27 January 2010

Quote of the Day

From Lord Hope:
Even in the face of the threat of international terrorism, the safety of the people is not the supreme law. We must be just as careful to guard against unrestrained encroachments on personal liberty
It's reassuring to know that there are still pockets of sanity out there.

20 January 2010

The Need for Context

From a speech by Mervyn King, Governor of the Bank of England (emphasis is mine):
But the cost of the banking crisis has been high. After an unprecedented period of sustained growth, total output in the United Kingdom has now fallen for six consecutive quarters. It contracted last year by around 5%, the largest fall in output since 1931. National income is around 10% below the level it would have reached in the absence of the financial crisis.
That last sentence might be reasonable in that context if the financial crisis and the previous levels of growth weren't related, but as they were both driven, at least in part, by unsustainable growth in debt and the money supply, it’s a bit disingenuous. Without the unsustainable build-up of risk which led to the financial crisis, the previous levels of growth would not have existed either.

Hypothesising a scenario in which we would have enjoyed the benefits of the course of action that was followed, but not the costs, is unrealistic.

07 January 2010

Back to Front:

From the BBC:
The UK government wants advice on how to spend the cash being raised for next generation broadband in rural areas.

The cash will be generated by imposing a 50p duty on all fixed line phones.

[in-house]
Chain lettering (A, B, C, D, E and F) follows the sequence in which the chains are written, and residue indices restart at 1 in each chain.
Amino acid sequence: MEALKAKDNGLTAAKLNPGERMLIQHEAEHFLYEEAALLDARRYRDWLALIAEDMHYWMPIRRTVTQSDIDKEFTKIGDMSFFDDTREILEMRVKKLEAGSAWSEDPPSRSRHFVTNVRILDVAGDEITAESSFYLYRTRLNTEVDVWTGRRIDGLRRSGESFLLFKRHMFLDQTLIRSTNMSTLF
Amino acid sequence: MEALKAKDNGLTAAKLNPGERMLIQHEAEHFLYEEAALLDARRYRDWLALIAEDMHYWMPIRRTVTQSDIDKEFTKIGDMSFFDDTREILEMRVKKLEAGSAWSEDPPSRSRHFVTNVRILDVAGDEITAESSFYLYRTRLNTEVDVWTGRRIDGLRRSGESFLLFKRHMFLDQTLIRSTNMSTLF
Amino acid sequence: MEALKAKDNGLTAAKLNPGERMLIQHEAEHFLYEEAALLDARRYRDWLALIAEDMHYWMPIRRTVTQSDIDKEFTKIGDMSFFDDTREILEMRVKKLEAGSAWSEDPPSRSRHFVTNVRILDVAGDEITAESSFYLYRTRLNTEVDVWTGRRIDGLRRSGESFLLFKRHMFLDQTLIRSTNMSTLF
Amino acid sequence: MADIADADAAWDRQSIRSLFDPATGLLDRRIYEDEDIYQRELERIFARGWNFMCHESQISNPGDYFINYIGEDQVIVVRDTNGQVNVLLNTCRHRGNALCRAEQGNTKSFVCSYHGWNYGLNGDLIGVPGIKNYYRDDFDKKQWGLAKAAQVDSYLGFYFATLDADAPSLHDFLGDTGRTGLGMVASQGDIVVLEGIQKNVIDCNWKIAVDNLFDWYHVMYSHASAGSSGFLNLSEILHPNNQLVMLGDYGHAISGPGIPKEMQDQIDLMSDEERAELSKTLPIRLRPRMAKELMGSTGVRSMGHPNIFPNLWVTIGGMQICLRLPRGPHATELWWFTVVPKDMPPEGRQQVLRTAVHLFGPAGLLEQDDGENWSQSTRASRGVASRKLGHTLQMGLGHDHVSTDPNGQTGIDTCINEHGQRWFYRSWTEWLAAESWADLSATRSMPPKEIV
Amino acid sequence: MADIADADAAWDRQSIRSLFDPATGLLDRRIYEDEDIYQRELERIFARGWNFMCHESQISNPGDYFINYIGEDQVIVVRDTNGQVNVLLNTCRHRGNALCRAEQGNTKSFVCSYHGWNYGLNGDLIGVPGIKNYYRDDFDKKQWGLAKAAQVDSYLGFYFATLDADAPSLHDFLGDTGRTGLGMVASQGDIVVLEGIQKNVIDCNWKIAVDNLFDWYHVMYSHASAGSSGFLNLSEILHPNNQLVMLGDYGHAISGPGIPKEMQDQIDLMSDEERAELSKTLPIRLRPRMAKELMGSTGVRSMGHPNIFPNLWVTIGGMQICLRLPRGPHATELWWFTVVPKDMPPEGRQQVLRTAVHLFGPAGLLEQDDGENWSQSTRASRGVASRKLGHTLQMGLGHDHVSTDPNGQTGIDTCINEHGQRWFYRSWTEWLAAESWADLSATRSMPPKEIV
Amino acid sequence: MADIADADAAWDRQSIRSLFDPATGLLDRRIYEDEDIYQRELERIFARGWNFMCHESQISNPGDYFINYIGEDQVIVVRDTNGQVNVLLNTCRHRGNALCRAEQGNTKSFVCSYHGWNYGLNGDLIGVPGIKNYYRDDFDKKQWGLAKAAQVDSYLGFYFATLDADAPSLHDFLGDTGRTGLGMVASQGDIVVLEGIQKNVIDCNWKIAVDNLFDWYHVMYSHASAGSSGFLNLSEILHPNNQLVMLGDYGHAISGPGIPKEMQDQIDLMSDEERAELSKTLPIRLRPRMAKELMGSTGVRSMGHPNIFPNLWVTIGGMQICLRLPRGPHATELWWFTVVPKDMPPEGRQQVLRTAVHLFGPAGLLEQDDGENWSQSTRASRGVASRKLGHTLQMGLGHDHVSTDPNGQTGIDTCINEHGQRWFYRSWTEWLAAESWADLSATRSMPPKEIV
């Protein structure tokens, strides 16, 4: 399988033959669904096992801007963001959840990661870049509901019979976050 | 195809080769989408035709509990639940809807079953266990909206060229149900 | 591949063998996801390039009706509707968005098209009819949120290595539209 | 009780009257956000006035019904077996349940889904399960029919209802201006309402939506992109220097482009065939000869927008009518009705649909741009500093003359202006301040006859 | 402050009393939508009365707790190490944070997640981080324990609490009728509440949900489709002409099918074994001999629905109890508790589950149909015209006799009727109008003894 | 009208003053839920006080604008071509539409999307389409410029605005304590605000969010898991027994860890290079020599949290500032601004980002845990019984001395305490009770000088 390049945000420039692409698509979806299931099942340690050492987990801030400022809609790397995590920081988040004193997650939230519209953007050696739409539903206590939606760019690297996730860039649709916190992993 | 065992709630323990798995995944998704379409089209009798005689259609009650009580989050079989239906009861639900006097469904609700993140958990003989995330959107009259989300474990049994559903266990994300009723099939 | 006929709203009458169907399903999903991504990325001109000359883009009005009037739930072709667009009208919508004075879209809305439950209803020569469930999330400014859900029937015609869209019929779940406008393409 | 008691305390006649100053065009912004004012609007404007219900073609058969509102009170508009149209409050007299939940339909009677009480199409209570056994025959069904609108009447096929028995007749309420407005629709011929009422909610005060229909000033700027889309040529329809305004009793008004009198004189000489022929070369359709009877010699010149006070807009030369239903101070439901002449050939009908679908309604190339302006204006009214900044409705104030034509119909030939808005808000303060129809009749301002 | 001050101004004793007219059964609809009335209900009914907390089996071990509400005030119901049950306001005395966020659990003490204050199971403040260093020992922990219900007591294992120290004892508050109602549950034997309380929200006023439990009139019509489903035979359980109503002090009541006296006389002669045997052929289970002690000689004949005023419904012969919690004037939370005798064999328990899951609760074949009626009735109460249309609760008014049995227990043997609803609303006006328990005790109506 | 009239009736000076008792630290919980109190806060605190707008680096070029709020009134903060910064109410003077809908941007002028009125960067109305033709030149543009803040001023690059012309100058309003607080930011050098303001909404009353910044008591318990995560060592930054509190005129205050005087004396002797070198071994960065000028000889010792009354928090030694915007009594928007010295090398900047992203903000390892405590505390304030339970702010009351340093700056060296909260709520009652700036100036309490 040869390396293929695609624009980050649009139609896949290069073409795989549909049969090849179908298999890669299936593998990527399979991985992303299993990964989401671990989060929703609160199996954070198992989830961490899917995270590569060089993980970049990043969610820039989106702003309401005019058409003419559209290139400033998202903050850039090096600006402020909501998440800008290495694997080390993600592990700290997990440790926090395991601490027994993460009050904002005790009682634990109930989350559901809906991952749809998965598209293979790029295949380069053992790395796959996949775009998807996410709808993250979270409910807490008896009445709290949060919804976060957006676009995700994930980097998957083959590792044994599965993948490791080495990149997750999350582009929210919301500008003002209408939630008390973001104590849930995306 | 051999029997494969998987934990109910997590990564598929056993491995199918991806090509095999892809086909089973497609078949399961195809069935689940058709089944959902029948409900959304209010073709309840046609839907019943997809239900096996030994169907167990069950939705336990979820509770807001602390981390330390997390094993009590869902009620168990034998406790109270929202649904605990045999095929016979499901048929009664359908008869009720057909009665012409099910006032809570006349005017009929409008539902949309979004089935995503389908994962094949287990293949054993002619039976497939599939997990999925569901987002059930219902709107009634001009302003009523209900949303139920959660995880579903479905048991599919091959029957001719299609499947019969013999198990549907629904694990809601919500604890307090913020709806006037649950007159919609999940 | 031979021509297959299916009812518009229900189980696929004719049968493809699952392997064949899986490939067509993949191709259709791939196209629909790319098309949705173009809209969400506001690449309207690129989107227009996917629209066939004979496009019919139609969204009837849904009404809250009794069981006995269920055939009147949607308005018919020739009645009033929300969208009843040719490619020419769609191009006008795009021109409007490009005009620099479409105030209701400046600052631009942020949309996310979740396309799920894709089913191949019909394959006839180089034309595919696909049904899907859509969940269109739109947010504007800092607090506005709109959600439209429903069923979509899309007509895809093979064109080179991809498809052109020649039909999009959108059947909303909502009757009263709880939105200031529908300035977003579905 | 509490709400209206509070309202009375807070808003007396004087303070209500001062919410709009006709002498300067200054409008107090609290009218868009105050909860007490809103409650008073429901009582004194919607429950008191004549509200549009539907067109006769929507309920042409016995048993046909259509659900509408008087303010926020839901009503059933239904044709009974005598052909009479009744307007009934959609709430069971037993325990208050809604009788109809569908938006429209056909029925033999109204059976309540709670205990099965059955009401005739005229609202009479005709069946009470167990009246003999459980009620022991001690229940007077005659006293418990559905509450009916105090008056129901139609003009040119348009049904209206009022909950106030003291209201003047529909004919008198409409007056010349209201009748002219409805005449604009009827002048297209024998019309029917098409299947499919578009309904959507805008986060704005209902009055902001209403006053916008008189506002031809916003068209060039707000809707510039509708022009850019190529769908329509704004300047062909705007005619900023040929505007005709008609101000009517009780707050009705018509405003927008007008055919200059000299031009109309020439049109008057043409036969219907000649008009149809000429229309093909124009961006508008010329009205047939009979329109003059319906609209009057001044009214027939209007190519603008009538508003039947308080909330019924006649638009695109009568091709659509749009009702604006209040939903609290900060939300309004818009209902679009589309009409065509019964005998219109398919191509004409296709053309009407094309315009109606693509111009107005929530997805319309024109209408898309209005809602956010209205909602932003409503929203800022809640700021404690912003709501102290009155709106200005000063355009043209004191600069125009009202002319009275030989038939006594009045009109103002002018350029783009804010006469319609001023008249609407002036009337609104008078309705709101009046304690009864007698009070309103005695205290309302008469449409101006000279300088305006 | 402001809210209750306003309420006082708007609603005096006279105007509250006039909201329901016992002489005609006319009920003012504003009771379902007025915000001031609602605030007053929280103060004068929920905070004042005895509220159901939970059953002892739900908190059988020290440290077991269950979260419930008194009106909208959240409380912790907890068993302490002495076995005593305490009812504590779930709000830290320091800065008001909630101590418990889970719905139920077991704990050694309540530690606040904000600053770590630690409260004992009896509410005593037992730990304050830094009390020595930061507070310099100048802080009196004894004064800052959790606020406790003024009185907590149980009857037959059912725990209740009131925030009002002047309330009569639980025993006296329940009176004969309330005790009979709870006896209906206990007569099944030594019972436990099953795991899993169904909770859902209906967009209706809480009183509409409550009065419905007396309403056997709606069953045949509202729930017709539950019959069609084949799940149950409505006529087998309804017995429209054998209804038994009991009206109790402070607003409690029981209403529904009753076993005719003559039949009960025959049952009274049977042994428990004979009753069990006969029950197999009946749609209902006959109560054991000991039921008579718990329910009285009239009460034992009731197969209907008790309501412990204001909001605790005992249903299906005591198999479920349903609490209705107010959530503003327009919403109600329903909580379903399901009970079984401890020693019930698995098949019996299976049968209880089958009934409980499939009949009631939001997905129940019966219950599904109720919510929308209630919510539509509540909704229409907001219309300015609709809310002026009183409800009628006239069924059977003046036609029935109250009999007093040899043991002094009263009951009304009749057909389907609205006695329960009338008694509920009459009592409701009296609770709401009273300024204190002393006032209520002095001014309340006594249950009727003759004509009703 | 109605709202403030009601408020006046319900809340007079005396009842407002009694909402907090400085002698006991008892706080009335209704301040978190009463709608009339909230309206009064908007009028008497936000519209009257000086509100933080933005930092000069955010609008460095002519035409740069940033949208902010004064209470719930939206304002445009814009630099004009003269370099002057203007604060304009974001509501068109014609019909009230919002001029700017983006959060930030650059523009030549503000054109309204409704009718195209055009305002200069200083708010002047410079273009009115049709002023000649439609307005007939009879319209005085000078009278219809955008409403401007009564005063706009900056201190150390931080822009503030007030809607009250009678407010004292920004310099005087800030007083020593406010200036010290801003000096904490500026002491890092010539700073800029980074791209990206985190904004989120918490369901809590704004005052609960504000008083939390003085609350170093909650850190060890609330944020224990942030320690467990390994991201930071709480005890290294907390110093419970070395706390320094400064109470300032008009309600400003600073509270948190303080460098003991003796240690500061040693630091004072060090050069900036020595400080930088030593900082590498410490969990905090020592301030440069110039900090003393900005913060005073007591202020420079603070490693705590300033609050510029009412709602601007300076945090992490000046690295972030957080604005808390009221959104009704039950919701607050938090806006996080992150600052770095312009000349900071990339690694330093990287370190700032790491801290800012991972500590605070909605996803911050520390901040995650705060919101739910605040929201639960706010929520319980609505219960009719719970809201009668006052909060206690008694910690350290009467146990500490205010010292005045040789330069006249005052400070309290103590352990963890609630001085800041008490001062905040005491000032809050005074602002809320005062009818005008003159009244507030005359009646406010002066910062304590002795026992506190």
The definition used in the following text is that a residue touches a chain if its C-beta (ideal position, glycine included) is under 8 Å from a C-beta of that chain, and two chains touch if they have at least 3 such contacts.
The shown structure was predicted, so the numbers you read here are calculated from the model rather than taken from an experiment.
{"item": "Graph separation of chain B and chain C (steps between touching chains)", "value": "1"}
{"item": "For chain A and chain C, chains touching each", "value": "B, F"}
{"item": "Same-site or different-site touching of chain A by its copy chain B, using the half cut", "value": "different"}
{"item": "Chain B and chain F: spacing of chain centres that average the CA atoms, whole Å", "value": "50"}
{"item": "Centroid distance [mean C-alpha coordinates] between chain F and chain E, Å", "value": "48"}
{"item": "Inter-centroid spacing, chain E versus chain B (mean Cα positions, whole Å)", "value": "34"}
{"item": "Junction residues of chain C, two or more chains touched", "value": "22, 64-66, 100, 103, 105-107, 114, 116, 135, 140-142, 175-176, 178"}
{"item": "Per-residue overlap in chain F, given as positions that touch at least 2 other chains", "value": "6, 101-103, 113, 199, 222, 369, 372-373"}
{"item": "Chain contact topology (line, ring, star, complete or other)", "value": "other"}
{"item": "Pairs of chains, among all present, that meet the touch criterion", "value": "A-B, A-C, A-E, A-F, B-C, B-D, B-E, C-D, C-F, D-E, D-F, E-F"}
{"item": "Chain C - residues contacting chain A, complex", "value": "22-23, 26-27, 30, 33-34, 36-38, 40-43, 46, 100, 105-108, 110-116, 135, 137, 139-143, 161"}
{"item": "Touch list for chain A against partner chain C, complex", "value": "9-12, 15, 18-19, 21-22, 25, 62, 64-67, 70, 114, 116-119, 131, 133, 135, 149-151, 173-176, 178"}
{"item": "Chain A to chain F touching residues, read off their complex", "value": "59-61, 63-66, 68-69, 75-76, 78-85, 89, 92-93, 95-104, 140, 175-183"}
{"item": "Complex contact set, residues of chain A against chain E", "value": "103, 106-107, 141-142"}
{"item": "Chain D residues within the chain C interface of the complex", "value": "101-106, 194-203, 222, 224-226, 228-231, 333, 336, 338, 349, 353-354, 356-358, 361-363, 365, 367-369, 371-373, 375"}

It has begun a consultation exercise that will hear about who should benefit from the £1bn it is expecting to raise in the Next Generation Fund.
Maybe it's just me, but surely the correct sequence of events for what is being portrayed as a hypothecated tax should be:

Identify the issue
Document a preferred solutionCalculate the cost of the solutionSet the tax accordingly


Identify the issueSet the taxLook for a solution

otherwise, you're collecting a tax when it might be completely inadequate to fund a solution, or when there might not be a viable solution at all.

05 January 2010

Early Candidate for Quote of the Decade

From Cory Doctorow, in response to Bono's latest whinge about file sharing:
If only greed and ignorance could sequester carbon, Bono could FINALLY save the planet
I could point out that China doesn't so much track content, as Bono claims, it blocks it, which is fine if you want to stop something being available at all, but not so good if you want to stop it being obtained from one source, but sell it extensively from another.

I could point out the incredible hypocrisy of a rent-seeking fat cat like Bono condemning "rich service providers."

I could point out that, in the UK at least, far from ISPs having massively swollen profits, it is actually a fairly low margin business.

I could point out that the idea that file-sharing hurts creators isn't backed by any real evidence.

But, in the end, I think Cory Doctorow's comment says all that needs to be said.

03 January 2010

Cause and Effect?

From the BBC:
Property is now affordable for first-time buyers in nearly four out of 10 areas of the UK, research indicates.

Someone on average earnings could now afford the average first-time buyer property in 39% of local authority districts, the Halifax bank said.

In 2007, the year in which house prices peaked, homes in only 6% of areas were affordable for average earners.

The improved affordability has come about through a combination of lower interest rates and house price falls.

However many first-time buyers have been unable to take advantage of the situation because of tighter lending criteria imposed by banks and building societies.
Did nobody consider the possibility that the tighter lending criteria and resulting reduction in money available to buy houses might be part of the reason why house prices have fallen?